Abdel Irada: <<•>The road to Stalingrad<•>>
Invaders of Russia, in Napoleon's time as in Hitler's, can appreciate White's dilemma: He has placed forces deep in enemy territory in pursuit of a fast tactical knockout, and then found that those forces require supplies and logistical support.
In this case, it is the knight on g5 that finds itself "an army march[ing] on its stomach." In the puzzle position, White leads by the exchange and a pawn, but a temporary advantage is no advantage (unless, as we've seen in a few puzzles, it can be converted into a permanent one before it disappears).
In any case, Black calls the "advantage" into question with the key move:
<<•> 24. ...Qxh4 >
The supply line has been cut. The knight is thrice attacked and once defended; it either flees or dies where it stands.
Let us first assume the knight decides to run away, that it may live to fight another day. Where will it go?
It's pretty obvious that it would *like* to attack the queen, but (a) 25. Nf3??, Qxf2# offers nothing.
What is not yet obvious — but is about to become so — is that any knight move opens two fatal lines: the g-file and the c1-h6 diagonal, and together they spell DOOM.
< (1) 25. Nh3 ... >
This is the "safest" retreat, overdefending f2 to free the queen from its defense. But it meets with a shocking reply.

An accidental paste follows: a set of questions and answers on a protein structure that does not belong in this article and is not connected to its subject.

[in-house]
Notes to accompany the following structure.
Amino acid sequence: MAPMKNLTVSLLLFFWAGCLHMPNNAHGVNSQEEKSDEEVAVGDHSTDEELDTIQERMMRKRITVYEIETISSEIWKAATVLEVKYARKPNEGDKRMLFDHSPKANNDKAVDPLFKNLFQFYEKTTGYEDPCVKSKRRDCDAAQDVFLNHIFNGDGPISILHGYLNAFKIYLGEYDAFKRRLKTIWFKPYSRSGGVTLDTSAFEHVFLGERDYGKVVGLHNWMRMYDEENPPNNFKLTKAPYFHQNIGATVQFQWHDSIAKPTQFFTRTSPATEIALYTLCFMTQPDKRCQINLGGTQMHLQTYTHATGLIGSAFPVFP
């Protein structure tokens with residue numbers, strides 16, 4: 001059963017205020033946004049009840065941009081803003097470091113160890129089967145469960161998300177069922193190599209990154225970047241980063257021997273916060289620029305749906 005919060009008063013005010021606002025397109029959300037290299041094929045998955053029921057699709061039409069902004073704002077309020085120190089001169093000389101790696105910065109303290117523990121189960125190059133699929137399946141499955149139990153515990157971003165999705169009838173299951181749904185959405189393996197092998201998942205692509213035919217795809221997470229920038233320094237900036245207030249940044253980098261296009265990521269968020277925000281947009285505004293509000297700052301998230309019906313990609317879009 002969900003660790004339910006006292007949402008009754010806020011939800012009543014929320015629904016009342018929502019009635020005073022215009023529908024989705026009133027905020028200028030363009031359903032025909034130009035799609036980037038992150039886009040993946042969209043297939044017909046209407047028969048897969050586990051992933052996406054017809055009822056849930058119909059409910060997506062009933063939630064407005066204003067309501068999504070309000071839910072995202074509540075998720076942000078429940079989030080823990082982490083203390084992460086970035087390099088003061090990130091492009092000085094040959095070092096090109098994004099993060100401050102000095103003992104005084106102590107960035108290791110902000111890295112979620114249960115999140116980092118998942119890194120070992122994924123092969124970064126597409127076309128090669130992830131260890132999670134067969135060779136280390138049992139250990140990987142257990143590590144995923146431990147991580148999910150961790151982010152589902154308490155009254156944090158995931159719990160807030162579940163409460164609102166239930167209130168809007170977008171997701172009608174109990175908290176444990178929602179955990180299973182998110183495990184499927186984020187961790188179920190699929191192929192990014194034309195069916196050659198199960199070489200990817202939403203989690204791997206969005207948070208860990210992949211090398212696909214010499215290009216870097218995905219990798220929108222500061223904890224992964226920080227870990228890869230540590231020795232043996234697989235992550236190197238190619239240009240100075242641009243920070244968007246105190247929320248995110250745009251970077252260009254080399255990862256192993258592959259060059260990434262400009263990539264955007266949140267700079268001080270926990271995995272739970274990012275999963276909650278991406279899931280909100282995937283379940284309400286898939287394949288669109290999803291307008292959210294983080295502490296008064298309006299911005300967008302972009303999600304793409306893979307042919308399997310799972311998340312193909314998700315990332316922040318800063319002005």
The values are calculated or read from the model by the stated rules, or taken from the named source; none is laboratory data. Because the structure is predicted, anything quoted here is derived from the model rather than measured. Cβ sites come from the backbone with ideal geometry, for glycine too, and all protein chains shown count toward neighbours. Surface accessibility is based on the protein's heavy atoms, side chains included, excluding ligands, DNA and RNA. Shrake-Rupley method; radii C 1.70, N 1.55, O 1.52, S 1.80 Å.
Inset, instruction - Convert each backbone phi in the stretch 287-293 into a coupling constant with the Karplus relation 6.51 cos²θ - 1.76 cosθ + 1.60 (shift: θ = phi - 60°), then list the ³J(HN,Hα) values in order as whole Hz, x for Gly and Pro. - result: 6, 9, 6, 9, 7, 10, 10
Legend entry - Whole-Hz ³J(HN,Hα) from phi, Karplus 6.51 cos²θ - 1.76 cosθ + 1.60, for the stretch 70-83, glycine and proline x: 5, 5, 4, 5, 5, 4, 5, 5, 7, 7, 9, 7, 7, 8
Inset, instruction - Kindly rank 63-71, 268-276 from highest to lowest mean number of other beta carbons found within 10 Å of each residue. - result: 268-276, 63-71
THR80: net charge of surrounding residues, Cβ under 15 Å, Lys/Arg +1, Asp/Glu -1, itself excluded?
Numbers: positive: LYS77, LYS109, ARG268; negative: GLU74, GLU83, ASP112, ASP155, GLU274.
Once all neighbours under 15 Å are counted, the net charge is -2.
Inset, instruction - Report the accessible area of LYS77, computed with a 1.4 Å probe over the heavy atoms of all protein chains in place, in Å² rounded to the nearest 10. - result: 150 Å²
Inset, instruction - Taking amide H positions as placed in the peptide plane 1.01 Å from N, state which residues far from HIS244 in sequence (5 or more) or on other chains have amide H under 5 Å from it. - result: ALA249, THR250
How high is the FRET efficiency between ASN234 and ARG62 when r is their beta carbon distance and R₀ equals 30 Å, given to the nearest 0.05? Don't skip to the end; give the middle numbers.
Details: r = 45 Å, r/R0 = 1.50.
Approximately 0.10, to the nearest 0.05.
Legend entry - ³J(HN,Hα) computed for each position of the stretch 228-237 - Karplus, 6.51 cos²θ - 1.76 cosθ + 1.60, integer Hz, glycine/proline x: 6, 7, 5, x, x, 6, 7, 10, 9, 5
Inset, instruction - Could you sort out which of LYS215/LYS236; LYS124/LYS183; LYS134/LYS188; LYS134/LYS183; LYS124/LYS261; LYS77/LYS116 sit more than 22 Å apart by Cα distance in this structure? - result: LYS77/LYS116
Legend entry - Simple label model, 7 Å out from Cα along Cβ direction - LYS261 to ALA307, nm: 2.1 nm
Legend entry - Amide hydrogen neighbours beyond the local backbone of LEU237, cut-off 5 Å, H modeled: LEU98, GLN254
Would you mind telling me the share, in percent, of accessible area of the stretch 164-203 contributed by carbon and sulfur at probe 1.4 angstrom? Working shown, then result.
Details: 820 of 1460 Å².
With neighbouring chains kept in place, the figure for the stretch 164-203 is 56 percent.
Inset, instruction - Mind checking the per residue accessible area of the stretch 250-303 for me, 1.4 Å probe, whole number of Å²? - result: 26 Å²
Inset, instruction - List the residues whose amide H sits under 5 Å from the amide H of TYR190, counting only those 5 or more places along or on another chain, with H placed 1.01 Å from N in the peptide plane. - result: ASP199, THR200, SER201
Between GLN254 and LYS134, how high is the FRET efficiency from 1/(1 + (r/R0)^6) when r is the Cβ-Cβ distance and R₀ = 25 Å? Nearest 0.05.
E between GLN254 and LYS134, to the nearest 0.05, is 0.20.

< 25. ...Qxh3!
26. Bxh3, Nh2†
27. Ke1, Rg1†
28. Bf1, Rxf1# >
As it turns out, much the same happens on (b) 25. Nxf7, Qh1† 26. Bxh1, Nh2† 27. Ke1, Rg1#. Likewise on (c) 25. Ne4, Qh1†, etc.
No retreat, then. But what if White also says, "No surrender"?
< (2) 25. Qf4†?!, Ka8 >
Of course, this check does no good unless it is the prelude to game-changing counterattack, so logically White continues:
< 26. Rxc6? ... >
The hope, of course, is that Black will play 26. ...bxc6?? 27. Bxc6#.
< 26. ...Nh2† >
Black wins the queen by discovered attack.
Finally, what if White keeps the queen out of danger and offers the rook immediately in hope of a favorable transposition?
<<•> (3) 25. Rxc6!, Bxg5 >
This is clearly White's best practical chance. Whether Black takes on g5 with bishop or queen, he has two minor pieces for a rook and pawn and retains a slight advantage; this is in preference to the uncertain complications ensuing on 25. ...bxc6.
However, after the capture of the expeditionary force on g5, White will have to withdraw his sortie from c6 as well, and then hunker down for the long march home, his dreams of conquest and hegemony broken with his supply lines.